Friday, 29 April 2016

People, Progress and Sport

There I was, sitting at the main taxi station in the heat, preparing for my first radio sensitisation, when a man physical disability who couldn't walk was dragging himself across the dusty floor.
Five minutes later I saw a similarly disabled man – again with a physical disability preventing him from the use of one of his legs. However this man was different – he was not dragging himself on the filthy floor, but moving fairly quickly with the aid of crutches. In Ghana, you notice these basic but profound inequalities, especially with disabled people. Crutches are a basic necessities for the physically disabled and yet there are many people without them.

Ghana, comparatively, is no different from the majority of the world. We in 'the West' sometimes lack sufficient hindsight to see how poorly we once treated those less fortunate than ourselves. The UN made a Declaration on the Rights of People with Disability only in 1975. This was followed by the 2006 Convention on disability rights. We are talking about a mere two generations of progress with the rights of disable people. So it is hardly surprising that Ghana, a country which only gained independence in 1957 - and which has faced serious challenges in its development as a nation - should still need more work done to improve the lives of persons with disabilities.

Much of what we are trying to do is to help Ghana meet its laws. Our baseline research team, who audit public buildings for their accessibility to disabled people, have found serious limitations in the majority of buildings. Sometimes the reasons are bureaucratic, often they are financial, but mostly the reasons are time. Ghana's disability act only came into being from 2006 – just over 10 years ago. The Northern Region of Ghana has not seen the same burst in development that the southern and central regions of the country have. One of the things ICS taught us in our training days is that positive change does not happen quickly, and it certainly does not happen equally.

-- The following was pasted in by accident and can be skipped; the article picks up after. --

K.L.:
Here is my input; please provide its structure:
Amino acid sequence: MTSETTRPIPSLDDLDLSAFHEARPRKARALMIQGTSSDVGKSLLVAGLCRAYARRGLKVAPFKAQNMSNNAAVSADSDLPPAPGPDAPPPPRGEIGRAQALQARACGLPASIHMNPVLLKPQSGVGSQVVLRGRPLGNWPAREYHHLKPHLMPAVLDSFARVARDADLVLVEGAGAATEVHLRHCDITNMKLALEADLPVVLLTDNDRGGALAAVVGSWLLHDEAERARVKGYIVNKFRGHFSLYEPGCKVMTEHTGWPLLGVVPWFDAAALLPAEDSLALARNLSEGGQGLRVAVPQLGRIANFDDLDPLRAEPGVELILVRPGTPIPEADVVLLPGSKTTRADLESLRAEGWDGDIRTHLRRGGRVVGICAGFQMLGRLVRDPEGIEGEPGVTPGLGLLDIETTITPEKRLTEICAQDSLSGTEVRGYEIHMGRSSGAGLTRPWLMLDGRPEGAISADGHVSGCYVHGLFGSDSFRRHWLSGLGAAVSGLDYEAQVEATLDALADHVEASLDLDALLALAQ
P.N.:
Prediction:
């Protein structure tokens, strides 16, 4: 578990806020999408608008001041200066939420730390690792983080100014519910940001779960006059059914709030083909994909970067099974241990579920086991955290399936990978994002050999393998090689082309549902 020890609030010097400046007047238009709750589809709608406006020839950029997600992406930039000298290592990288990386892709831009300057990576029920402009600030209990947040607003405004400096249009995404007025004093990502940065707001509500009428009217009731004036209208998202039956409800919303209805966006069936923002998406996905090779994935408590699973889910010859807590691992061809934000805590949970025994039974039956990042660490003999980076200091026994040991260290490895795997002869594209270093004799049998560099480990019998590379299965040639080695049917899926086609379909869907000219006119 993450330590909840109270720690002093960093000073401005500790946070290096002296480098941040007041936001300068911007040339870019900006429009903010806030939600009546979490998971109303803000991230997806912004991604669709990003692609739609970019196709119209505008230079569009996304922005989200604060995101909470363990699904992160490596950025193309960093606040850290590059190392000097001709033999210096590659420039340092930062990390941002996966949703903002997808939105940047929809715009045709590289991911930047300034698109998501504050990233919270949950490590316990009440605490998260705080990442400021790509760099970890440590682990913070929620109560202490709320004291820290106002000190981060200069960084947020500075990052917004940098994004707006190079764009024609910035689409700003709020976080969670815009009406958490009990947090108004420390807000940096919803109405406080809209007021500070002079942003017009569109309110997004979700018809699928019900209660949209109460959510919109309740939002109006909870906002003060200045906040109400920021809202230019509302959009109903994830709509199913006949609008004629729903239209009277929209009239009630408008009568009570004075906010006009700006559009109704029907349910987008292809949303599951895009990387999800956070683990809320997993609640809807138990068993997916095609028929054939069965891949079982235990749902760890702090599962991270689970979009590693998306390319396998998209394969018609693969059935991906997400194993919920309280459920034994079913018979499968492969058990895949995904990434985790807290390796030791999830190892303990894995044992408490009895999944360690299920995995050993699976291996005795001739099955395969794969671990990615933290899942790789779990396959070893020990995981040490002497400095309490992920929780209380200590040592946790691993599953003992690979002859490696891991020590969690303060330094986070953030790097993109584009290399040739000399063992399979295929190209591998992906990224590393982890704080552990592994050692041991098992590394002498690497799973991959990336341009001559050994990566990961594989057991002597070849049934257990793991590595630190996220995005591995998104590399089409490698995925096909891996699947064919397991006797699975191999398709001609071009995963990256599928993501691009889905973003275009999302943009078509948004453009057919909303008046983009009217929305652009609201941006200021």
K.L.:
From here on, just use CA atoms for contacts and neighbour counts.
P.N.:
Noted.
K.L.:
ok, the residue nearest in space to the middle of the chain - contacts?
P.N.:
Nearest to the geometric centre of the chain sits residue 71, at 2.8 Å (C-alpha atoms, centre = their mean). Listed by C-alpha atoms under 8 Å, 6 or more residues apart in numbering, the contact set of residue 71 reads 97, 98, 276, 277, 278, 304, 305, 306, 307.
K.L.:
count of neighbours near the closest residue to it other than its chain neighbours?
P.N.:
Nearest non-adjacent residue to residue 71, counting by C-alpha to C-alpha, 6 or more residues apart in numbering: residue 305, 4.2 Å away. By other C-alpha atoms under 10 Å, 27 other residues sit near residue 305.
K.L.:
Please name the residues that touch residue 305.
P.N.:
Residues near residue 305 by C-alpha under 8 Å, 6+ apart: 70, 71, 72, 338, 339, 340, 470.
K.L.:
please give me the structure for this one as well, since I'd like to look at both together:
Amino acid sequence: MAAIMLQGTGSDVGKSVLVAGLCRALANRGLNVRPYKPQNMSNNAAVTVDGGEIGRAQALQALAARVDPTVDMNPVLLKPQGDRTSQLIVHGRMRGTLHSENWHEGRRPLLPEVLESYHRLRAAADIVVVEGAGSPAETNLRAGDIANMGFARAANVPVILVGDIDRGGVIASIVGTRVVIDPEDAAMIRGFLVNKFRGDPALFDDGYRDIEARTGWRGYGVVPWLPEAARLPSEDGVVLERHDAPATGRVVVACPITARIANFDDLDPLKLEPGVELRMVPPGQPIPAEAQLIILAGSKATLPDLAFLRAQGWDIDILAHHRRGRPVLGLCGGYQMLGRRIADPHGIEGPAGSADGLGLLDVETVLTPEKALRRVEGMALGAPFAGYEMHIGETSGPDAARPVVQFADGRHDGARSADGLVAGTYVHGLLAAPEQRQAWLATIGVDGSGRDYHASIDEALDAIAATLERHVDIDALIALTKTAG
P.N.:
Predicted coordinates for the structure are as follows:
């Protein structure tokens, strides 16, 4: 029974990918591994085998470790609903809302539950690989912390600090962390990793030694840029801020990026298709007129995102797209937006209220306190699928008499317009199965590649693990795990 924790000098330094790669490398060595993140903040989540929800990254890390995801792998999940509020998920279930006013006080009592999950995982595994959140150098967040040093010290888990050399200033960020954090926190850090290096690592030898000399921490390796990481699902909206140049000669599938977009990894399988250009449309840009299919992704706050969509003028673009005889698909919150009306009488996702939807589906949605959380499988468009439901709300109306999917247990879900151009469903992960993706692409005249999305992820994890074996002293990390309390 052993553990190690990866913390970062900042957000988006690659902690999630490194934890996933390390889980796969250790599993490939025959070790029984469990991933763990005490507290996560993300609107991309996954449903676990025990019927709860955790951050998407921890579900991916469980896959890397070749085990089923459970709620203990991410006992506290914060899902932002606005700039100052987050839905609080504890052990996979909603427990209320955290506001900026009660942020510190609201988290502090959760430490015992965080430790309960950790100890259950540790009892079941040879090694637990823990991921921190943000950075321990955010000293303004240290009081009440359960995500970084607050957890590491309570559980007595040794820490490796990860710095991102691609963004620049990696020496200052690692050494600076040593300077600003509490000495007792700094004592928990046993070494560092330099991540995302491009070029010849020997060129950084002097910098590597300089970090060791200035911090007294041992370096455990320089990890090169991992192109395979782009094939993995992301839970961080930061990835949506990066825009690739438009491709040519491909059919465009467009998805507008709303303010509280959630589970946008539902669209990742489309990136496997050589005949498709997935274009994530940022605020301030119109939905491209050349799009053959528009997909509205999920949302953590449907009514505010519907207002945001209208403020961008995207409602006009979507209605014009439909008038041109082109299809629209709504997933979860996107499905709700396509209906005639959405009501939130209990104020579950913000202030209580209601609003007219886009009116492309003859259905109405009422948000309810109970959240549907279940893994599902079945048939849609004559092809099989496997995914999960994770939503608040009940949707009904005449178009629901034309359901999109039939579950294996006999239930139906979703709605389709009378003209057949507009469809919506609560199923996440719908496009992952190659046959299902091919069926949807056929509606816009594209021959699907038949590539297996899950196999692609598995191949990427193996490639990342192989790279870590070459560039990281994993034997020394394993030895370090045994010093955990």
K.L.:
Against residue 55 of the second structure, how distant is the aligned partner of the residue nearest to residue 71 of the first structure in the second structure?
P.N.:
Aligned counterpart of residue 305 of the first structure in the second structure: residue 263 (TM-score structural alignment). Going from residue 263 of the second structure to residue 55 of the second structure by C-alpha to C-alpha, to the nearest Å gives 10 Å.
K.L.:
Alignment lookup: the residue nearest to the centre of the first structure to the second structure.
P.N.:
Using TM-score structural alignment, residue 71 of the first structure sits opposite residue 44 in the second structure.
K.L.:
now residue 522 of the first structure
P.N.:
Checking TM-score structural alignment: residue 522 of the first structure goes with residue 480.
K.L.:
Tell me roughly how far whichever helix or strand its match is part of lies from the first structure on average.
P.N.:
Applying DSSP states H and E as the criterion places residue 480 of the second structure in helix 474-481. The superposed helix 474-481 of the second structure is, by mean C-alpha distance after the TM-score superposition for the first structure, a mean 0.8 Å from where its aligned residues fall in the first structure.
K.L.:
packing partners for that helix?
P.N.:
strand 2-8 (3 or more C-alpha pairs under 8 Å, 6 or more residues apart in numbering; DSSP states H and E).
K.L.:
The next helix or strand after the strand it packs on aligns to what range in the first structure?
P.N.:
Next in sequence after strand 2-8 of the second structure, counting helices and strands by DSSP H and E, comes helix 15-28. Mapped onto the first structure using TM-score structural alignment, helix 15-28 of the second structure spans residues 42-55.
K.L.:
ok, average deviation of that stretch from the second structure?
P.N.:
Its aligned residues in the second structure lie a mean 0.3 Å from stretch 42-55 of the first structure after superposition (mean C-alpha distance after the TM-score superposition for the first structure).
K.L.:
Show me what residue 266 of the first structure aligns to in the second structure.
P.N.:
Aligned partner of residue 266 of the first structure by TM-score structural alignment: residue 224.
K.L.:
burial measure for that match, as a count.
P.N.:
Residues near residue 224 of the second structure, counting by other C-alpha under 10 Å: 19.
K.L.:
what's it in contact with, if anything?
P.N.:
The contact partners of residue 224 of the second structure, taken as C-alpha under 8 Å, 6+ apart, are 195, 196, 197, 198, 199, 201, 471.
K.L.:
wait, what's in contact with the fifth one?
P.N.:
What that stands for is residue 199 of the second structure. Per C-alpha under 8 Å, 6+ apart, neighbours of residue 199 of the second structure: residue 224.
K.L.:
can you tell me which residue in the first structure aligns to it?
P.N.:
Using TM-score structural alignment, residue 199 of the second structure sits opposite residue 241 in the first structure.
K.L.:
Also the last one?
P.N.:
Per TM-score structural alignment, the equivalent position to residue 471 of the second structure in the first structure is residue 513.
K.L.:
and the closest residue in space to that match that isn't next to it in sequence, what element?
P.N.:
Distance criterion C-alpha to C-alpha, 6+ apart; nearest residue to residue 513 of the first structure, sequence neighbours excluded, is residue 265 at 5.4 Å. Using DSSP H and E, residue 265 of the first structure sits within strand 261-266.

It is easy to feel demoralised by the challenges we face as a disability resource centre in an impoverished region of an impoverished continent. But every now and then we come across a spark of enthusiasm, a laugh, a smile - a passion for justice and coexistence. Our past week, I think, has enlivened that.

On Saturday we went to the old stadium in Tamale to watch local disabled people play wheelchair basketball. At the corner of this dusty barren 'field' was a cracked old basketball court in serious need of resurfacing. But despite its state of disrepair, this court held some cracking games. The first game was 3 men against 3 women (there are only 6 wheelchairs to use) and was very hard-fought. The great thing about watching this was to see the energy and excitement the game generated, not just in the players but in the sizeable crowd – both disabled and non-disabled. People were there to support their friends and to enjoy a pretty high standard of basketball. Of course, nothing lasts forever, alas, the standards dropped severely when we were offered to play. It is safe to say that we struggled a bit. Our respect for the people who played before us has no bounds. The strength and fitness of the wheelchair users was really highlighted by the fact that we could barely even reach the net, let alone score.

Wheelchair Basketball at the Old Stadium

Finally, this Thursday we went to Tamale Senior High School (Tamasco) to conduct a refresher sensitisation which would gauge how effective the previous cohort's sensitisations were. Two months after their previous sensitisation, the aged 16+ students really had remembered most of what they were taught. What was most impressive was the enthusiasm they showed when talking about persons with disabilities. They genuinely felt that disabled people deserved to be valued members of society and more must be done to help them.

The road is long, but judging by the interest and knowledge displayed by the younger generations, I feel that positive change is coming to Ghana in its own way, and will surely promote other parallels in this vibrant and fascinating part of the world.

Martin Farrugia (Marley)

Find out more about our work in Ghana and how you can get involved here

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